Robert Henley -- born on 5 January 1783 in Williamsburg, Va., son of Leonard and Elizabeth Dandridge Henley and nephew of Martha Dandridge Custis Washington -- received his education at the College of William and Mary. Appointed a midshipman on 8 April 1799, Henley participated in the engagement between frigate Constellation and La Vengeance during the Quasi-War with France on 2 February 1800. From 1801 to 1805, Henley served in the Mediterranean in schooner Enterprise and frigates Adams, Constitution, Congress, and John Adams. He then engaged in merchant service with a cruise to the East Indies (1806-1807). Henley returned to the U.S. and received his first command, Gunboat No. 60, at Norfolk, Va., from August to December 1807. Afterward, he transferred to command of Gunboat No. 5, at Baltimore, Md., on 9 April 1808.
Early in the War of 1812, Henley was in command of two divisions of fifteen gunboats that drove three British frigates from Hampton Roads on 20 June 1813. As commanding officer of the newly-launched brig Eagle, he received promotion to the rank of Master Commandant on 12 August 1814. He served under Master Commandant Thomas Macdonough at the U.S. victory at the Battle of Plattsburgh (N.Y.) (also known as Battle of Lake Champlain) on 11 September 1814. For his actions, he received the thanks of Congress and a gold medal for valiant conduct.
With the end of the War of 1812, Henley was noted as being on furlough in the 1816 Navy Register and “not on duty” in 1818. In 1819 and 1820, Henley was listed as being on duty at Gosport, Va. Later, as commander of the 18-gun brig-rigged sloop of war Hornet, he patrolled the West Indies with orders to suppress piracy. On 29 October 1821, he captured the pirate schooner Moscow off Santo Domingo and sent her to Norfolk with a prize crew. After serving as commandant of the Naval Rendezvous at Norfolk from 1822 to 1824, Henley reported for similar duty at Charleston, S.C. and was subsequently promoted to captain on 3 March 1825. Captain Henley died at Sullivan's Island, Charleston after a short illness on 7 October 1828. He was buried at Oak Hill Cemetery in Birmingham, Ala.
Lieutenant Robert Henley, USN from a photograph in "The American Navy" by Peterson, p. 476. Naval History and Heritage Command, NH 49113.
(Destroyer No. 39: displacement 787; length 293'11"; beam 27'; draft 8'4"; speed 30 knots; complement 83; armament 5 3-inch, 6 18-inch torpedo tubes; class Monaghan)
The first Henley (Destroyer No. 39) was laid down on 17 July 1911 at Quincy, Mass., by the Fore River Ship Building Co.; launched on 3 April 1912; sponsored by Miss Constance Henley Kane, great-grandniece of Robert Henley; and commissioned at Boston on 6 December 1912, Lt. Cmdr. William L. Littlefield in command.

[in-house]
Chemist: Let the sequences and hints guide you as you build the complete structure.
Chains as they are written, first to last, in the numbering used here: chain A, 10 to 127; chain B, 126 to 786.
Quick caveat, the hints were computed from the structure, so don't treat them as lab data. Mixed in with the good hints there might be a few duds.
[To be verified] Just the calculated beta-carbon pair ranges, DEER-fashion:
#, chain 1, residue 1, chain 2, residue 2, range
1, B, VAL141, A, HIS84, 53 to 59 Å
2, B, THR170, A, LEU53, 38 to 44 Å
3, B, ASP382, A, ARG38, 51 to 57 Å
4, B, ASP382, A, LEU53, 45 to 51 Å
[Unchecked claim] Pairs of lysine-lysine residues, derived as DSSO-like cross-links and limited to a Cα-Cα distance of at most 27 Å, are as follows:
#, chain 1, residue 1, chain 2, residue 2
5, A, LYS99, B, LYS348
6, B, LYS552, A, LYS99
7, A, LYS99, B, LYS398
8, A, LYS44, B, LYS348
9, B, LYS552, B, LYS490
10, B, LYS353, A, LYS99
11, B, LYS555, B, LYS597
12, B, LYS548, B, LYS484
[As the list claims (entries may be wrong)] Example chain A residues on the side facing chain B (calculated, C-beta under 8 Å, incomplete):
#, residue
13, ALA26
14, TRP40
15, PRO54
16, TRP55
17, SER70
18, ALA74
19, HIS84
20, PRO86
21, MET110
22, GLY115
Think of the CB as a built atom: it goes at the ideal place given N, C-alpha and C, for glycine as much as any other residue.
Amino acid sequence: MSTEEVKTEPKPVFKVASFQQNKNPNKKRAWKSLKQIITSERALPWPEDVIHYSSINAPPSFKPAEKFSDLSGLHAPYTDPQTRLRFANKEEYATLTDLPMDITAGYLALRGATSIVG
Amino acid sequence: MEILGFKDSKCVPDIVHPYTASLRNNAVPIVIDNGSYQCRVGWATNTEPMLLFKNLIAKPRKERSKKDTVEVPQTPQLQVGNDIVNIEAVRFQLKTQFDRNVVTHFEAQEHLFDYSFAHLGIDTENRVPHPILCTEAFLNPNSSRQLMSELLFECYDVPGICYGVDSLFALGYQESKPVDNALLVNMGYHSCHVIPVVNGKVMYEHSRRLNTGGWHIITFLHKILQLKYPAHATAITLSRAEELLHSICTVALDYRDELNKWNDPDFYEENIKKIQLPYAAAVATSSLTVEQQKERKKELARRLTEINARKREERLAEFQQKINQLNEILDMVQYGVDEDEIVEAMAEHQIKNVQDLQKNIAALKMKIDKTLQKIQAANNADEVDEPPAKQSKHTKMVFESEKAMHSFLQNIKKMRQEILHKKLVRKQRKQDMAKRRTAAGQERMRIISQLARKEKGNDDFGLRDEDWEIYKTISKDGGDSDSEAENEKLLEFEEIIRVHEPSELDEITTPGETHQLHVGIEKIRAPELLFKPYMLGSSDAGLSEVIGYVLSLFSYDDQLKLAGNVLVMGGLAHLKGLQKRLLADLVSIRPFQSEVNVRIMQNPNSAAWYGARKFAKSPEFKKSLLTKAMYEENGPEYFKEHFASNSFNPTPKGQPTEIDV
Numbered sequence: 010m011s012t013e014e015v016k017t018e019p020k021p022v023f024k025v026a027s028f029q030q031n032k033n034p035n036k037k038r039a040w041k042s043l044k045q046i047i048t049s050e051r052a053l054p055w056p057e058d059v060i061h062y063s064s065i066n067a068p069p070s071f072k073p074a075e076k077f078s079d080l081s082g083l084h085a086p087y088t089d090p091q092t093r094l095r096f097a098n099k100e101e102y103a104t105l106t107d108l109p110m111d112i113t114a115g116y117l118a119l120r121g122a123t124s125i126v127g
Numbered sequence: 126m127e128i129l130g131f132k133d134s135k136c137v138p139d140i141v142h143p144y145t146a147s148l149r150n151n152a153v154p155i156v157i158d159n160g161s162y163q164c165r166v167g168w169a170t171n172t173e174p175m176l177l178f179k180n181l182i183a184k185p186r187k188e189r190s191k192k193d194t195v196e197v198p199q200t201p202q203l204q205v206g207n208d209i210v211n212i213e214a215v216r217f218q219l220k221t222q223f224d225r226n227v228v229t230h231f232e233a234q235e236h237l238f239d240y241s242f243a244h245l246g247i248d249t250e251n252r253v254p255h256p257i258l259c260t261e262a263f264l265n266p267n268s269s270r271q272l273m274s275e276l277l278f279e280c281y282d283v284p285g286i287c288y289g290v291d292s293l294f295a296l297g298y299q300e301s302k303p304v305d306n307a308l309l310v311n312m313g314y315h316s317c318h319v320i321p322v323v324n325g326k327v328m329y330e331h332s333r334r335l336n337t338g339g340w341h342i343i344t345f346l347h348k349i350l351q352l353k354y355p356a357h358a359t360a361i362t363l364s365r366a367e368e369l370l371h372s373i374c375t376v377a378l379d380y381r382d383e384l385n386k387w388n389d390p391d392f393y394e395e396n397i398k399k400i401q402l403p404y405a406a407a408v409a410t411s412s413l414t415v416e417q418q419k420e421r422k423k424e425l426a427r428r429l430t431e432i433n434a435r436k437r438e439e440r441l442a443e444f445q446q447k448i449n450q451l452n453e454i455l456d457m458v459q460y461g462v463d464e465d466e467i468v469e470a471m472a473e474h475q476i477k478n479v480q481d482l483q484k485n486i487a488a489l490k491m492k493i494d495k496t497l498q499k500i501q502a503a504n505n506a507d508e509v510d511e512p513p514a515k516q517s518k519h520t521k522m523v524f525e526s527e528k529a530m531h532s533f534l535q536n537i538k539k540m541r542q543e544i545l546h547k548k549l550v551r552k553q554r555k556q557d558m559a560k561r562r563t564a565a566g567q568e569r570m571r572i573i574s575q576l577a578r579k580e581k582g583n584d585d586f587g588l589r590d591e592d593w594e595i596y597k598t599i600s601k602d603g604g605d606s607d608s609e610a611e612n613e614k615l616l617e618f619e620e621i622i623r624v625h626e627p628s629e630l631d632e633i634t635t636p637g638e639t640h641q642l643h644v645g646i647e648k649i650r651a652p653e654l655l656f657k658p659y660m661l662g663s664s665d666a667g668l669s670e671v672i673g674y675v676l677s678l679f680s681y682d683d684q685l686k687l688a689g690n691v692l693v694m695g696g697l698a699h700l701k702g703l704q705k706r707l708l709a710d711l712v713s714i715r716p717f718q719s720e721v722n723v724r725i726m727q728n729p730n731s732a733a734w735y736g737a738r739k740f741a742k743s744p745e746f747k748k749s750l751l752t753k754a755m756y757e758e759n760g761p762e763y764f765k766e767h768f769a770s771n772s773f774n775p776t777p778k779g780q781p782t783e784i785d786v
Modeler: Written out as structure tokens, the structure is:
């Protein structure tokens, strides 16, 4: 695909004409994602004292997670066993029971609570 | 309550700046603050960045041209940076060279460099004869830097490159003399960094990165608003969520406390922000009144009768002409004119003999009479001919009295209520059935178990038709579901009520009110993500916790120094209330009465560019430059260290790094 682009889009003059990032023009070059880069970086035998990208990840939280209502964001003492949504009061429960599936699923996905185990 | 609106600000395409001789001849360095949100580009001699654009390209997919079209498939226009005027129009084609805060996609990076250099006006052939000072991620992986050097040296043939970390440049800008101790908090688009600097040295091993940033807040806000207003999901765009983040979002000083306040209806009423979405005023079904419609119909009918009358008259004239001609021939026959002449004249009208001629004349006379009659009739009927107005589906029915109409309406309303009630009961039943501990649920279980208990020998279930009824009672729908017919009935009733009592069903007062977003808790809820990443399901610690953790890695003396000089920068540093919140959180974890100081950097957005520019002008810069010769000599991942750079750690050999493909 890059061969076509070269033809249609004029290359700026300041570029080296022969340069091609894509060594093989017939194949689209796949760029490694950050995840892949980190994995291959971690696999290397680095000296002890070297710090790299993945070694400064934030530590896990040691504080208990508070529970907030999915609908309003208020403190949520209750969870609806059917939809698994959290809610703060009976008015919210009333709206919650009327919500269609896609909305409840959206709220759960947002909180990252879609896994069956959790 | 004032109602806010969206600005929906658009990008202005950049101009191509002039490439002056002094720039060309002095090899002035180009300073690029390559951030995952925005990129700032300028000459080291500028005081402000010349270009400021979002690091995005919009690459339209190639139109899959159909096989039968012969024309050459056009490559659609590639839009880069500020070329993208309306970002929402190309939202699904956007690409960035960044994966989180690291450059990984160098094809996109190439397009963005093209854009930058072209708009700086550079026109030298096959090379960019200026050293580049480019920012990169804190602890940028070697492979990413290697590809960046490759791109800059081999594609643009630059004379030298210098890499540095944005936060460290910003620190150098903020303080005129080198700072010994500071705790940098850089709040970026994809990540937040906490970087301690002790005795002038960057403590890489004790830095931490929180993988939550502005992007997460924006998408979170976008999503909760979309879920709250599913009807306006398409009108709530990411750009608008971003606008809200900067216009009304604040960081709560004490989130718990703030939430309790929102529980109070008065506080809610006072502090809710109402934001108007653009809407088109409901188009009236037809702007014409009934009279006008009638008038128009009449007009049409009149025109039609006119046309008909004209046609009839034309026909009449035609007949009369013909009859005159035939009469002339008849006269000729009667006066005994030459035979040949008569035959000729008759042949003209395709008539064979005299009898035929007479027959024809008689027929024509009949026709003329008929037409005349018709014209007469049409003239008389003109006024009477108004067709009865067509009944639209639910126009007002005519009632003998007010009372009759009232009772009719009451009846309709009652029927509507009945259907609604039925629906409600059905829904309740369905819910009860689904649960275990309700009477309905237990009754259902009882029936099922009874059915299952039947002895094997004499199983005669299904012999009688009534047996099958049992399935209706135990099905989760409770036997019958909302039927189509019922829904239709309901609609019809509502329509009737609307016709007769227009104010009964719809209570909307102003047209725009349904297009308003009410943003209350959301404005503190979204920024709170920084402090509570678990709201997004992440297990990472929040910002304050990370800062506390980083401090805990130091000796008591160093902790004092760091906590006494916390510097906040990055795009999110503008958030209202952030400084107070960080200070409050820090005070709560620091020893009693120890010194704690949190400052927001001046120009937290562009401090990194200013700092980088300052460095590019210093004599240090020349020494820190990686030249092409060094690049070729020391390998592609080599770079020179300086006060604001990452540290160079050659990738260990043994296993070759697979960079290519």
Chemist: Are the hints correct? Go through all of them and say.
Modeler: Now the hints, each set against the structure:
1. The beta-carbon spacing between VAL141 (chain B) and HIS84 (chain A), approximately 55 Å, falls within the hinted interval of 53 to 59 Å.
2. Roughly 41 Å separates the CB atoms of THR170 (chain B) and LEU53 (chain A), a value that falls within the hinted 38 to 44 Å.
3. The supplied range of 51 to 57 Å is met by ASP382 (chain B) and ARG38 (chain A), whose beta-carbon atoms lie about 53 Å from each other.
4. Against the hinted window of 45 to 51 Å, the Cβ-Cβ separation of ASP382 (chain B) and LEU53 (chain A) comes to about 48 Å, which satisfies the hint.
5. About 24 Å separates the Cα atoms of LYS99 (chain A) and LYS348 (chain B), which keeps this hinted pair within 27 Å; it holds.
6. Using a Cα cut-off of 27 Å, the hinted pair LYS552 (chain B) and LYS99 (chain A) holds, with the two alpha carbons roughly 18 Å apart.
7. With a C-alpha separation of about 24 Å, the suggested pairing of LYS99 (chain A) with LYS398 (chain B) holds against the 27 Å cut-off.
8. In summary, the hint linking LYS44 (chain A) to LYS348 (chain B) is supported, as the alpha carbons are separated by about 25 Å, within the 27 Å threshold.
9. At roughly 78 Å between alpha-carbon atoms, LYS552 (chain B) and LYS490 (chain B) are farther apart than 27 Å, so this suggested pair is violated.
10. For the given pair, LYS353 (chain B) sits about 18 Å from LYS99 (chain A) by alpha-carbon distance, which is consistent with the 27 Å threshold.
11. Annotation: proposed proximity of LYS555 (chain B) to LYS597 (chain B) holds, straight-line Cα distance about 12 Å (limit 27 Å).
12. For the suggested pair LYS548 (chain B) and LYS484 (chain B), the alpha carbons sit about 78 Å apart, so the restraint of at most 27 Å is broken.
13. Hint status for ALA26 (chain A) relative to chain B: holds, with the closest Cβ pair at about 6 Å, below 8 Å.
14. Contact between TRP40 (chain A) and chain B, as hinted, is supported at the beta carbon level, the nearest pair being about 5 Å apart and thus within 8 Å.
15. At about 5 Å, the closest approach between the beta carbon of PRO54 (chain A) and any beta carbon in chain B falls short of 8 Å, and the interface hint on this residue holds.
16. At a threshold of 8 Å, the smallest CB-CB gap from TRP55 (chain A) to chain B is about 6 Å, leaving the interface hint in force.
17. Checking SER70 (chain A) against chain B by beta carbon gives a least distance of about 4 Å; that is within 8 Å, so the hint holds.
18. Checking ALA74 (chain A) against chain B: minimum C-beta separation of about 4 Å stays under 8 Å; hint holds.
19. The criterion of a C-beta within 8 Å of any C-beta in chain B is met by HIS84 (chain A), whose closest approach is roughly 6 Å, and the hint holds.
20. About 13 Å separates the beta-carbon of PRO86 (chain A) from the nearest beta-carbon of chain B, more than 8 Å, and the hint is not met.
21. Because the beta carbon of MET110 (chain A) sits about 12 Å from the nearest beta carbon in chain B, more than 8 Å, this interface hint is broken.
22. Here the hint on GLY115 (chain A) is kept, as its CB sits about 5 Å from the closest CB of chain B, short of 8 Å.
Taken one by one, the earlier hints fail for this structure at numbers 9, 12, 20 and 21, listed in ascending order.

Henley is launched at the Fore River Shipyard, Quincy, Mass., 3 April 1912. Naval History and Heritage Command Photograph NH 89080; courtesy of Cmdr. D.J. Robinson, 1979.
After training and shakedown, Henley joined the Torpedo Flotilla, U.S. Atlantic Fleet at Newport, R.I. During the course of that assignment, she routinely conducted tactical exercises and training maneuvers along the coast from the Caribbean to the North Atlantic. On 22 April 1914, she joined the fleet off Tampico, Mexico, to protect American citizens and property in the face of revolution in that country. During that period Henley also saw duty transporting refugees and supplies. With the beginning of World War I in Europe in August 1914, she began conducting a Neutrality Patrol along the coast and checked belligerent vessels in American ports.
When America entered the war on 6 April 1917, Henley, attached to the Patrol Force, Squadron Two, operated from Staten Island, N.Y. She then began to patrol and scout off New York and the New England coast hunting for German surface raiders and investigating various merchant ships. She also performed duty outside the submarine nets of New York harbor until 25 April, when she went into the New York Navy Yard for general overhaul until 25 May. She then moved to the Chesapeake Bay for gunnery exercises and also performed picket duty off the entrance to the York River (Va.). On 2 June, Henley escorted Seattle (Armored Cruiser No. 11) to New York, arriving on 3 June. Ten days later, on 13 June, the destroyer began escorting the oiler Maumee (Fuel Ship No. 14) to a high seas station about 37ºN and 37ºW with orders to fuel the escorting destroyers of the first troop convoy under the command of Rear Adm. Albert Gleaves, commander of the Cruiser and Transport Force. Henley then returned to the U.S. arriving at Newport on 30 June.
Henley departed Newport on 3 July 1917 and arrived at the York River the next day to perform picket duty in the Chesapeake Bay. Later that month, she escorted Delaware (Battleship No. 28), in company with Monaghan (Destroyer No. 32) en route to New York and Boston, Mass. She then returned to the York River escorting Maine (Battleship No. 10). In early August, Henley steamed with the U.S. Battleship Fleet in protection formation. On 20 August, she moved to Newport and performed various escort duties, after which time, on 27 August, she joined Delaware and proceeded to Port Jefferson, N.Y. as the battleship’s escort.